The decision of the University of Wyoming to destroy a work of art after receiving complaints from influential contributors and politicians was far from the first time it exhibited a penchant for censorship. Don’t blame President Buchanan. Unlike most institutions calling themselves a university, censorship is deep in U-dubb’s DNA.
Historian Phil Roberts chronicled the time our university sought to censor textbooks. It was 1947. After being told economics professors used books espousing a “clearly Communists doctrine” that budget deficits were not evil, the board of trustees appointed a committee to “read and examine” textbooks to determine if they were “subversive or un-American.” The law school dean was appointed chair of the witch-hunt.
When faculty members cried that academic freedom was at stake, one member of the board responded that “academic freedom” was being used as an excuse for “practicing subversion.”
Criticism came raining down. Arthur Schlesinger called it a “crude” investigation by “ill-informed trustees.” The St. Louis Post Dispatch called it “an insult to the good sense and patriotism of the faculty” and “an affront to the intelligence” of the students. Newspapers in 20 communities followed suit, heavily criticizing the trustees. But the book-burners would not be moved. Eventually a compromise was struck. A committee of 15 was appointed. They read 65 books and assured the trustees they found nothing subversive.
During this time it was alleged some of the trustees actually hired students to take notes during the lectures of a popular history professor, hoping to uncover “anti-American statements” that could lead to his dismissal. That professor was Gale W. McGee, who was later elected to the U. S. Senate, serving from 1958 until 1977.
The University’s next infatuation with censorship and the denial of civil rights was the Black 14 incident. It was 1969 and most of the nation was slowly moving forward on civil rights. Not so fast in Laramie. African American players at Wyoming had tired of the treatment they received when playing ball at Provo, Utah. BYU fans allegedly taunted them with racial slurs. It was claimed they turned on sprinklers after one game to “wash away the demons.” Black players said they weren’t permitted to stay in some Provo motels.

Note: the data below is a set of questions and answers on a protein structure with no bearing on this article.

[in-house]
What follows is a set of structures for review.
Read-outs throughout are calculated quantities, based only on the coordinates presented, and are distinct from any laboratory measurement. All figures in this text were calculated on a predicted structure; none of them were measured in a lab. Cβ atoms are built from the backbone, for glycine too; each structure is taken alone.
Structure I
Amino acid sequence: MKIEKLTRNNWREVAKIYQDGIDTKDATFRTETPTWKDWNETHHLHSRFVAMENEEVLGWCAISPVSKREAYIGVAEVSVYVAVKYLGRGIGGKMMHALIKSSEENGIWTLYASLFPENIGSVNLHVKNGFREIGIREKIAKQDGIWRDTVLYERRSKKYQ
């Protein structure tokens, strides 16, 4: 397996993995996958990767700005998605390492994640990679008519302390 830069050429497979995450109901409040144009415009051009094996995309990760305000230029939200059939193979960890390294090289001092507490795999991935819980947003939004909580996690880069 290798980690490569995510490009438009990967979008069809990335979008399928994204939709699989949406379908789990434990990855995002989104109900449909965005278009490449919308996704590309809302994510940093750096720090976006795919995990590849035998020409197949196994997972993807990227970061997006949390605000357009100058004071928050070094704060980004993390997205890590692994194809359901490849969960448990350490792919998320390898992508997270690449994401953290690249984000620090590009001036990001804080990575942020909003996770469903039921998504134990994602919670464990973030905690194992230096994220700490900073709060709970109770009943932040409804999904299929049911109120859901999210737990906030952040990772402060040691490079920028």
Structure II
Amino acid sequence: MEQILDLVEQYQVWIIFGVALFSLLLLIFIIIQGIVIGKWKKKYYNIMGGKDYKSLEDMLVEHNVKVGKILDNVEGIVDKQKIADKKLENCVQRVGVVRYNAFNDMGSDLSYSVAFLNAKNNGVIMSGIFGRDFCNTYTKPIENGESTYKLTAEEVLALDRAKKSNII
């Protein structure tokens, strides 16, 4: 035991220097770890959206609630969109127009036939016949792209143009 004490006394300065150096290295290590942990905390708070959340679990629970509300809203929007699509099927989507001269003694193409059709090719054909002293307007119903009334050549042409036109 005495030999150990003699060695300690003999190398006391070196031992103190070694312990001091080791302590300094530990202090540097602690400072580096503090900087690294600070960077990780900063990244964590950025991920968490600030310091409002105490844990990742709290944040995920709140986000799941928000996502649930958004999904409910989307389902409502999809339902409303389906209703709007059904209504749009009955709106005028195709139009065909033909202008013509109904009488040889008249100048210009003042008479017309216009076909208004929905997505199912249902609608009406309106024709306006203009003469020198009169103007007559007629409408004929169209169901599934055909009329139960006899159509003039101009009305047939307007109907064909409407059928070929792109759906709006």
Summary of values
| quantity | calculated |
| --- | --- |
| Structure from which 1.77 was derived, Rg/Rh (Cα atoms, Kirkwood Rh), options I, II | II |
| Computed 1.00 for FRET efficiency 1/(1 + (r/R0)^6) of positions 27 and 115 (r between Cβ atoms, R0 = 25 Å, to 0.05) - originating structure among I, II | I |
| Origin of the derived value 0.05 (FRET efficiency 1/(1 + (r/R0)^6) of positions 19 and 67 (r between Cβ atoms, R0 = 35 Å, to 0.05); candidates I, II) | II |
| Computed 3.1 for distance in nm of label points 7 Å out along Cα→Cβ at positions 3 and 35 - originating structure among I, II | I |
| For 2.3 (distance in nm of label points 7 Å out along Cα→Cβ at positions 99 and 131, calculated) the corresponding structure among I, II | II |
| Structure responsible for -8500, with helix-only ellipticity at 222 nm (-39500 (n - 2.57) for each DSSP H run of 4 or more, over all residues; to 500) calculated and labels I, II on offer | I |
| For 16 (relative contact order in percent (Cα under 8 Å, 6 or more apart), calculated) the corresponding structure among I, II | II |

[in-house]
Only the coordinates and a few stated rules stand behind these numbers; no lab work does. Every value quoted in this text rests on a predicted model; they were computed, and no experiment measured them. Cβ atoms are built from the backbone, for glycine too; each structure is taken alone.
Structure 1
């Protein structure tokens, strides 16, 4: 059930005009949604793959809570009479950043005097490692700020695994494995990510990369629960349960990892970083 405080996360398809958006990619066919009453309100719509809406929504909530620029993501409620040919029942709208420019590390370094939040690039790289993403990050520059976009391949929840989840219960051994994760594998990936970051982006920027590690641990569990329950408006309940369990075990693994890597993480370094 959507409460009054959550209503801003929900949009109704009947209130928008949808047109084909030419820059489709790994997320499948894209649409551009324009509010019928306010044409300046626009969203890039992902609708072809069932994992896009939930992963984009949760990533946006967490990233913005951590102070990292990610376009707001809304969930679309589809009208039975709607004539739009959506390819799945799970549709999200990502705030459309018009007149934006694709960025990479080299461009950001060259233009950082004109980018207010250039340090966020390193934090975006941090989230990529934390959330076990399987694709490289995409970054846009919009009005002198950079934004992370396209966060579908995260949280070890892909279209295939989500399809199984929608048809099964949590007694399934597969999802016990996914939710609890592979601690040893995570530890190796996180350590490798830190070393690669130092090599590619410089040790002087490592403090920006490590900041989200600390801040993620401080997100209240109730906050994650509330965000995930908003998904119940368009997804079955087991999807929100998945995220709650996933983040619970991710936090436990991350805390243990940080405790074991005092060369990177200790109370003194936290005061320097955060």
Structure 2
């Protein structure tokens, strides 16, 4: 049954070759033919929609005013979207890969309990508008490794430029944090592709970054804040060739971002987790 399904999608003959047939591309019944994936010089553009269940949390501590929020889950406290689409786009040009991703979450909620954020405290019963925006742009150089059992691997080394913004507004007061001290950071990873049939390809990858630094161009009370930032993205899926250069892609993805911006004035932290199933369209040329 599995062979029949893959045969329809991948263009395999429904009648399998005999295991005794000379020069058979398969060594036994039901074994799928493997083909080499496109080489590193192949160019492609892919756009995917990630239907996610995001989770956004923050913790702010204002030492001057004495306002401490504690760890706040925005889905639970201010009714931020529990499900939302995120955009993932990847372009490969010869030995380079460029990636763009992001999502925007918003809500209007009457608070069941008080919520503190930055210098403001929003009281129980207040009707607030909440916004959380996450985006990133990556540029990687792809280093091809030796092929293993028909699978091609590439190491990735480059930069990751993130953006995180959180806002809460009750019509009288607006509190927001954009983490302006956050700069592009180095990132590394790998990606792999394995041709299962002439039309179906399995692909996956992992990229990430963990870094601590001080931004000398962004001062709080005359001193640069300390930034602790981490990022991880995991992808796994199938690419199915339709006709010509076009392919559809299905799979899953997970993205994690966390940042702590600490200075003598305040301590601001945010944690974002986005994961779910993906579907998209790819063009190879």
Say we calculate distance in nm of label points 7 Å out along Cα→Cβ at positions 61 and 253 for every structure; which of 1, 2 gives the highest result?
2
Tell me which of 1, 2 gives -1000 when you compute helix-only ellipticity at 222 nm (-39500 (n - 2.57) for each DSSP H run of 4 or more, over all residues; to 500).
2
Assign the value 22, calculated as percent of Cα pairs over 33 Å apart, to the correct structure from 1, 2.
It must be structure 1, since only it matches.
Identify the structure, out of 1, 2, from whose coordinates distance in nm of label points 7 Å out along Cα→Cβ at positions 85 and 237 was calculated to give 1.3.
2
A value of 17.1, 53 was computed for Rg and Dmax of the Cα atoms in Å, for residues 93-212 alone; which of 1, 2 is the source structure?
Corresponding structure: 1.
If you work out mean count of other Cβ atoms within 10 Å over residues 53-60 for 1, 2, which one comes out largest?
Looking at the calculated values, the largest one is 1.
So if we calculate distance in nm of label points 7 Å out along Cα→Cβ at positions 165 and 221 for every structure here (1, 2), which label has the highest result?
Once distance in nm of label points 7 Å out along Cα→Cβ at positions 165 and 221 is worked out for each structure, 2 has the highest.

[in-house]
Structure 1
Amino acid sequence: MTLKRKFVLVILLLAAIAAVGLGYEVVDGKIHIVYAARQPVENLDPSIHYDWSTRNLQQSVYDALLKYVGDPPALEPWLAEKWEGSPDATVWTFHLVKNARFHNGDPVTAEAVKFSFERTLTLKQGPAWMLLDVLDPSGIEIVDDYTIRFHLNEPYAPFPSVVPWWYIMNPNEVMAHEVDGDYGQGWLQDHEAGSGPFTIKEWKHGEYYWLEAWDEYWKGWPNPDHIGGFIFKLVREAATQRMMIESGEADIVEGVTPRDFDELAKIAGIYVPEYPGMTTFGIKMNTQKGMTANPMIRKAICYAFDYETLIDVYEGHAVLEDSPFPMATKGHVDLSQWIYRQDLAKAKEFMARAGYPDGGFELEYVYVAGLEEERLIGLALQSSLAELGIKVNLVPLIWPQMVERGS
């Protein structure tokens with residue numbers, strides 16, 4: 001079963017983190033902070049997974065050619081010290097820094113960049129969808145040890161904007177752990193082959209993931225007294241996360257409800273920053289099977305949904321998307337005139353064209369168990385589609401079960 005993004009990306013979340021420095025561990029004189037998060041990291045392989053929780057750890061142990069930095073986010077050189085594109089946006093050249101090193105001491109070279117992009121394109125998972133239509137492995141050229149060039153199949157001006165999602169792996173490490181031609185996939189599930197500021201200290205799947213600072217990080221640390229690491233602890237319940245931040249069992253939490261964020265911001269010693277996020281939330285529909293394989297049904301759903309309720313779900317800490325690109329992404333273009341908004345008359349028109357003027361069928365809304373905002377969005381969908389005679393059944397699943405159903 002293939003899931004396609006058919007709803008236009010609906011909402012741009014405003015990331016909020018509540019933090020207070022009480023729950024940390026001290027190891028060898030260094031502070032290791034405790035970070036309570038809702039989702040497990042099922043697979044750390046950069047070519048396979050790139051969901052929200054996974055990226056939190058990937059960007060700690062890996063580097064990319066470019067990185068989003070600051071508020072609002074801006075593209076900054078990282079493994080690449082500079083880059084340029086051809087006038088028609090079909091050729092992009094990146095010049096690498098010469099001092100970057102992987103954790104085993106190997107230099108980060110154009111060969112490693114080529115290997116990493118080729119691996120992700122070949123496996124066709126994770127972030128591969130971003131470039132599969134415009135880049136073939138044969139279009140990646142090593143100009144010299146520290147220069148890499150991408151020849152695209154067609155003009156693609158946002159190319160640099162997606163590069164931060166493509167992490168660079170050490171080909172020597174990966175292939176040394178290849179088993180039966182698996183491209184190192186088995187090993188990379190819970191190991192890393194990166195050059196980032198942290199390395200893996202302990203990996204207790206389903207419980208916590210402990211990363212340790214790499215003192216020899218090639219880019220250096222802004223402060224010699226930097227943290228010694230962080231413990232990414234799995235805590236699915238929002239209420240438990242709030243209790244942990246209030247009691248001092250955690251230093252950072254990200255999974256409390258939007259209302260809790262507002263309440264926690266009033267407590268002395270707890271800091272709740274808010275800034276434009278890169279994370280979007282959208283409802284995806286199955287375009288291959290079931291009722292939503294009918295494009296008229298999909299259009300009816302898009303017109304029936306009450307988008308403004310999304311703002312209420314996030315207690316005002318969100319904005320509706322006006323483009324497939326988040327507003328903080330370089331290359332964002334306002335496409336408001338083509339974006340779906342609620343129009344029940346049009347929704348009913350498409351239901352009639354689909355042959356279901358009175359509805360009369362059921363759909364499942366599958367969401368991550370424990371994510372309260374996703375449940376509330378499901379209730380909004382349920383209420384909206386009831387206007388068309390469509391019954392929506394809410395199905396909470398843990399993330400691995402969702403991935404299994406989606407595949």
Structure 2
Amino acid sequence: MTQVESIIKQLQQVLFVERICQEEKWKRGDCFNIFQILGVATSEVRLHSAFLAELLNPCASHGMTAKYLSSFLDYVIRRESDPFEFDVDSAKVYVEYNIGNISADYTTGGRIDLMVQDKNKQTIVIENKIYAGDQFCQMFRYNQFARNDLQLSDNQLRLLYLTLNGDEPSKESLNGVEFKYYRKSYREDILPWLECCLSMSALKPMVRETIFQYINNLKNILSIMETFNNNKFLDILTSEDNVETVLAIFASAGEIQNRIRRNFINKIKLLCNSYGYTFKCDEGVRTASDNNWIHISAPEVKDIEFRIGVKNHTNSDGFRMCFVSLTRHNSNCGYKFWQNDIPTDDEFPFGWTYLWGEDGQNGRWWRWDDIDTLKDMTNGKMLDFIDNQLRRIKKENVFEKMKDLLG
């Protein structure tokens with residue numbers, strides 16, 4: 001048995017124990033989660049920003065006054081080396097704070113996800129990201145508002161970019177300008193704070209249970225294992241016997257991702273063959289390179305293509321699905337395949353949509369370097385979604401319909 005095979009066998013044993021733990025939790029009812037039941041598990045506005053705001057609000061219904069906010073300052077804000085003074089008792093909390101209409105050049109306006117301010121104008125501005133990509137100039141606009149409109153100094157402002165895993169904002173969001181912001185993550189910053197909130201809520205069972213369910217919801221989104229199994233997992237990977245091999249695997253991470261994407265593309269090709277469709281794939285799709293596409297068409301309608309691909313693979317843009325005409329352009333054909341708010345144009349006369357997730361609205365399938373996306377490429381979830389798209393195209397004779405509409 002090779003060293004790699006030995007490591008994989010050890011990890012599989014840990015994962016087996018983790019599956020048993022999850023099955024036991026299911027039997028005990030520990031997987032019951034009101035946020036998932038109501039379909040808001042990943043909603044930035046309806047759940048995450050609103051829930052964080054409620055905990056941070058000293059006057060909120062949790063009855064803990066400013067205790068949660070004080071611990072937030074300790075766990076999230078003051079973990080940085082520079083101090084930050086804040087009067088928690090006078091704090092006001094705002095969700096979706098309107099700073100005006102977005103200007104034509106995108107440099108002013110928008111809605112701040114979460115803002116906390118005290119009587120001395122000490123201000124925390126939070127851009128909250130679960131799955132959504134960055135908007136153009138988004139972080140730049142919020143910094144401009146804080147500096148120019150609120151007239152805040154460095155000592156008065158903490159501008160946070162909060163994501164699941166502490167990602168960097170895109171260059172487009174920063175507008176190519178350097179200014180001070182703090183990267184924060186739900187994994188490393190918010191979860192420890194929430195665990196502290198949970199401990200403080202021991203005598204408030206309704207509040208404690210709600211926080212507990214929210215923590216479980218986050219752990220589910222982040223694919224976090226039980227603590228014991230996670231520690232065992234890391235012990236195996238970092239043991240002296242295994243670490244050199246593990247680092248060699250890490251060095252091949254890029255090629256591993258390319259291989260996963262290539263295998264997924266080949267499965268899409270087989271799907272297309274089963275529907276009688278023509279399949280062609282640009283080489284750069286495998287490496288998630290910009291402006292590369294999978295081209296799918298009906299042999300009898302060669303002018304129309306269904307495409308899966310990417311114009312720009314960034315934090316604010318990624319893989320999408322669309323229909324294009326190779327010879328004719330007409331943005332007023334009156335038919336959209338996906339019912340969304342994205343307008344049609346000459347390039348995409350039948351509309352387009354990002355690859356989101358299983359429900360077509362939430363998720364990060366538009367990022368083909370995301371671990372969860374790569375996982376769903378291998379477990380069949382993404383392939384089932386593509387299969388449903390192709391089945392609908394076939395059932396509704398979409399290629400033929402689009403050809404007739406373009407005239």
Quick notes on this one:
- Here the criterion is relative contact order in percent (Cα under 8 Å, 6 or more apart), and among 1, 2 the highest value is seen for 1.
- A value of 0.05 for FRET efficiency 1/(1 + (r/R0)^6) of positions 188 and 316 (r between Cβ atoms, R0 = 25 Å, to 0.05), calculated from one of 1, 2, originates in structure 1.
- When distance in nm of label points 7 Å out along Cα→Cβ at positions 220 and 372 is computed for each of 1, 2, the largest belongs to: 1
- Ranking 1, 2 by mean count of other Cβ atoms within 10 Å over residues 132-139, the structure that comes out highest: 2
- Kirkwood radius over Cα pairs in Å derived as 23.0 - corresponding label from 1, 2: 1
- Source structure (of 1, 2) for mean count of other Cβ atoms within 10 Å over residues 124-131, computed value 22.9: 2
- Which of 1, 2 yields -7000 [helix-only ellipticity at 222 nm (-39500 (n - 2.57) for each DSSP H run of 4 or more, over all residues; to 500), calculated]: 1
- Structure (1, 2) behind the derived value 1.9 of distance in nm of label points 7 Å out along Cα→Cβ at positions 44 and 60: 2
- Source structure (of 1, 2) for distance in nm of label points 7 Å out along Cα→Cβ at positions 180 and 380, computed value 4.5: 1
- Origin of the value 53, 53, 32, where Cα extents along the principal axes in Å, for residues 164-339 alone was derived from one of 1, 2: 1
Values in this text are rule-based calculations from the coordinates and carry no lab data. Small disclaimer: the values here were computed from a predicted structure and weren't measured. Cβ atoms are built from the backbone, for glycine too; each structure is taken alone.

Rather than protect their players from that kind of treatment, UW sided with BYU when 14 members of the Cowboy football team said they planned to wear black arm bands during the 1969 home game with BYU. It was a soft, subtle protest, but far too much for a school with Wyoming’s legacy of censorship. The coach dismissed the players from the team. Everyone from the board of trustees to the governor sided with the coach and against the players. The incident destroyed the image of Cowboy football for a generation.
Next stop was a late Viet Nam war protest. When four students were killed at Kent State in 1970, a small group of Wyoming students wanted to protest. UW asked the governor to send in National Guard and state patrol to protect the university from these opinionated students. Some alleged UW even hired ag students to infiltrate the protesters.
More recently the school was “academic-freedom-challenged” when Bill Ayers was invited to speak on the campus. The GOP establishment had already cast him as evil in the 2008 campaign. Large contributors demanded the university cancel Ayers’ speech. They did as they were told. A student filed a 1st Amendment suit. Instead of examining the law, the university trashed the student. UW lost the suit just as any first-year law student could have predicted. But they had taken their stand for big contributors and influential alum and against civil rights.
And now the school has once again sold itself out to the highest bidders. By destroying a work of art to which mining corporations and the legislators who serve their interests objected, the University of Wyoming has carried on a tradition as important to them as “Ragtime Cowboy Joe.”